Commentary #101: Sesame Street 50th Anniversary Special

The minute the 50th Anniversary Special was announced, I marked my calendar for November.

I was pleasantly surprised to find the full special posted on the PBS website for a whole week, from November 17th through the 24th. I watched it twice! And I experienced so many emotions!

I really enjoyed the story. Joseph Gordon-Levitt was a great host! And so many former cast members were a part of it. The songs were my favorite part, especially the performance of “Sing” at the end.

I’m planning to get it on DVD when it is released.

Until the next headline, Laura Beth 🙂

Hot Topic #28: Foster Care and Opioids

Research published in July 2019 indicates that the number of children entering the foster care system has more than doubled since 2000.

Other reasons for removal, including neglect and abuse, declined.

Coincidentally, Sesame Street introduced a new Muppet around the same time. Karli is staying with her “for-now” family while her mom is away getting better. The Sesame Street initiative focuses on addiction as a whole, but makes the connection to foster care. Karli’s mom is getting help for alcohol addiction.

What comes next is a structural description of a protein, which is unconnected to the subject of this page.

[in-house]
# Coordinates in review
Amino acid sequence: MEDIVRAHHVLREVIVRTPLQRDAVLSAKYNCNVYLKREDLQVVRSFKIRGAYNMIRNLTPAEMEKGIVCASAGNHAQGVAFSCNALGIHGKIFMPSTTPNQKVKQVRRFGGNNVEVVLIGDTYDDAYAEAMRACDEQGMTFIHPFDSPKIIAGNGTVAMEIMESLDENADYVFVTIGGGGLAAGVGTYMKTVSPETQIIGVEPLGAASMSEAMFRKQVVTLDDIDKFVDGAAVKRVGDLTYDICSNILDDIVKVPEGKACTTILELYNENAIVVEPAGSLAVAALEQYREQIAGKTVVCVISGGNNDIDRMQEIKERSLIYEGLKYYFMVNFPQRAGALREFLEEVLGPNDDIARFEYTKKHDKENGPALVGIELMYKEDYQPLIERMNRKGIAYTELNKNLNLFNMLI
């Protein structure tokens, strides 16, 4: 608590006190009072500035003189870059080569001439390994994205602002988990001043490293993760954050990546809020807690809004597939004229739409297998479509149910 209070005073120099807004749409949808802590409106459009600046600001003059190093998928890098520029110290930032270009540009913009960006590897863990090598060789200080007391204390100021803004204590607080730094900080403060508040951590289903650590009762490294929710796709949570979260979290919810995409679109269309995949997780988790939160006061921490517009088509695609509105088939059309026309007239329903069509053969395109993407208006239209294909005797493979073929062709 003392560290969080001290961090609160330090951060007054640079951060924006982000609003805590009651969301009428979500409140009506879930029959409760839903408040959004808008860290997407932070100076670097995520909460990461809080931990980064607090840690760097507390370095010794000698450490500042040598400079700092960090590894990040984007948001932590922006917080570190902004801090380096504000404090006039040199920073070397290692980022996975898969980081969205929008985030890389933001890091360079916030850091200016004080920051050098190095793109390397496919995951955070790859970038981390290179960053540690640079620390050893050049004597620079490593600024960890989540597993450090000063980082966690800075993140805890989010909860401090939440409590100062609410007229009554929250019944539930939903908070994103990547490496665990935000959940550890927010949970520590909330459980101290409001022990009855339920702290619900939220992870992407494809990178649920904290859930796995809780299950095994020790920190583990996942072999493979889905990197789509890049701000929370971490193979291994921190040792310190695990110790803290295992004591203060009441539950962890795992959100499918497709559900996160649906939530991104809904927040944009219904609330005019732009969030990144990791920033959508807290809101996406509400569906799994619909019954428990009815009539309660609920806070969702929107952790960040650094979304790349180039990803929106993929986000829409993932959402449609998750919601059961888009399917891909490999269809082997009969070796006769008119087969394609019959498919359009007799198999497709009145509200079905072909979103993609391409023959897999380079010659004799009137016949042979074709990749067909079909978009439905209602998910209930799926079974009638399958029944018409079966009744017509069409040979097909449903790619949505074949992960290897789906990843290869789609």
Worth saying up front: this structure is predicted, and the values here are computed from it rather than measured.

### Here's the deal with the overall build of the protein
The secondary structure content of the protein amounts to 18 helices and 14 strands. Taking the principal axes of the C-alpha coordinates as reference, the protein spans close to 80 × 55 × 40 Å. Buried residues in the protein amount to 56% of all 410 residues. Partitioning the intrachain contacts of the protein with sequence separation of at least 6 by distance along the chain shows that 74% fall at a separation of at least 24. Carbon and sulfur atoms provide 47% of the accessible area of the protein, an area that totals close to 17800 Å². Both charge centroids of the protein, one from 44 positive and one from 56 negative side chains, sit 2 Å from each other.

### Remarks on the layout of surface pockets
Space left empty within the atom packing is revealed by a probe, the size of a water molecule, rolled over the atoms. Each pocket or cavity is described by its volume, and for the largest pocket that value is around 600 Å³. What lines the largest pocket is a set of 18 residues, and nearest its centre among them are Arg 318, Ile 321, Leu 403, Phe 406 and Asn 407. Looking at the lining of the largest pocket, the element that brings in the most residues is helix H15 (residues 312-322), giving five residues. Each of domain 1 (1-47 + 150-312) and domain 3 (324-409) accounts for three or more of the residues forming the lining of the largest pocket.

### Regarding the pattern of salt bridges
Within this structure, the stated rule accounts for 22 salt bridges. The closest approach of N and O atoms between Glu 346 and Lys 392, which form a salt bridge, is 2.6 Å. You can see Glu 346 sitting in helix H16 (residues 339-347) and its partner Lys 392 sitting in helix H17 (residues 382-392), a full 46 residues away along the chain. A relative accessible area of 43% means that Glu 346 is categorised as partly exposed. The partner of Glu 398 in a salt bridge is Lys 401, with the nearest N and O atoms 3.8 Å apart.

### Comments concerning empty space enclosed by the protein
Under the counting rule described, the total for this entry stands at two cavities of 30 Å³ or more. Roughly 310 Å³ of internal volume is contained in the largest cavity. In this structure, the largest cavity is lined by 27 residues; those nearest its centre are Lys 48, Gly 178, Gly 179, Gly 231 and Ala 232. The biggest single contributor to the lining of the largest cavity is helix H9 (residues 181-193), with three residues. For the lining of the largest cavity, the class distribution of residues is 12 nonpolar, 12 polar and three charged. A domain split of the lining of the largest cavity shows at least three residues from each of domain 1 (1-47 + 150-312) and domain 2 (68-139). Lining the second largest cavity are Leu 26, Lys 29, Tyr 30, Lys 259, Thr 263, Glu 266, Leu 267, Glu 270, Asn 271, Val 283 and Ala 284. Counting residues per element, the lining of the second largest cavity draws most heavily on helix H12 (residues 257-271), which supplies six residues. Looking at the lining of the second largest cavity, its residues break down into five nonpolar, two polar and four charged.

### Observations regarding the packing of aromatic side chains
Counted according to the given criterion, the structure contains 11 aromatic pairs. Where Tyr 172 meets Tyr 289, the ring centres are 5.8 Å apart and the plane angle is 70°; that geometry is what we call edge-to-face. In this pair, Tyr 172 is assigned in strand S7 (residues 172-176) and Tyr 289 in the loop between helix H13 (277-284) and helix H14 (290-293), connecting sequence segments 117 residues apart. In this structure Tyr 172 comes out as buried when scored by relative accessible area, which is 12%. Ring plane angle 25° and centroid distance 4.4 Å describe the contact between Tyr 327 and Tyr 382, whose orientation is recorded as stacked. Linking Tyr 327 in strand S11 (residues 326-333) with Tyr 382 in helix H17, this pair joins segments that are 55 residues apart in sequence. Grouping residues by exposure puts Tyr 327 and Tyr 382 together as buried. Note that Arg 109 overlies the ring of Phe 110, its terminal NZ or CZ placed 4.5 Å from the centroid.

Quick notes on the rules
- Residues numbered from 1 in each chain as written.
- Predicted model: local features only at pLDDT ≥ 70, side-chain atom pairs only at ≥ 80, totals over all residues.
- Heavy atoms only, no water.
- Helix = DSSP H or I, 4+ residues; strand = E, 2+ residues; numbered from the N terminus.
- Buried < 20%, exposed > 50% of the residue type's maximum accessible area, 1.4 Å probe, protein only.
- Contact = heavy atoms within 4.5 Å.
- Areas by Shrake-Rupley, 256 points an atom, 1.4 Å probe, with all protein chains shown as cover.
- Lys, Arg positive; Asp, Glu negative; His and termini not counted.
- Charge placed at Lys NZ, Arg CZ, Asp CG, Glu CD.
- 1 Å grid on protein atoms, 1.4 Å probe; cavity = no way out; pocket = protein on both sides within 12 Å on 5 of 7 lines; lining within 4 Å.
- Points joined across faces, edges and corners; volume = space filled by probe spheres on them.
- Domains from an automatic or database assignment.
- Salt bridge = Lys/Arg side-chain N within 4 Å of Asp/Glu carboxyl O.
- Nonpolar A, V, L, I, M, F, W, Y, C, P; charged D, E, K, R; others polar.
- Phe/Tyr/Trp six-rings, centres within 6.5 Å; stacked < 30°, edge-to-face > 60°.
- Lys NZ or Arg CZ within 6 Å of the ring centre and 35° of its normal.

Resources

More Kids Are Getting Placed in Foster Care Because of Parents’ Drug Use, NPR, July 15, 2019

At This Camp, Children of Opioid Addicts Learn to Cope and Laugh, NPR, October 9, 2019


Until the next headline, Laura Beth 🙂

Commentary #90: “9-year-old boy raises nearly $80K to give bulletproof vests to police K-9s”

I stumbled upon this story on Facebook recently. Way to go, Brady!

Here’s the link to the post from my local news station:


In Ohio, the local news has been following Brady Snakovsky for nearly a year now. At that point, in November 2018, Brady had raised enough money to donate more than 50 vests to K-9s in nine states. That’s incredible!

Picture

Image Credit: Brady’s K-9 Fund

Bulletproof vests for police K-9s can cost more than $1,000. Brady got the idea when he and his mom were watching an episode of “Live PD,” where a K-9 did not have a bulletproof vest. With his mom’s help, Brady started a GoFundMe.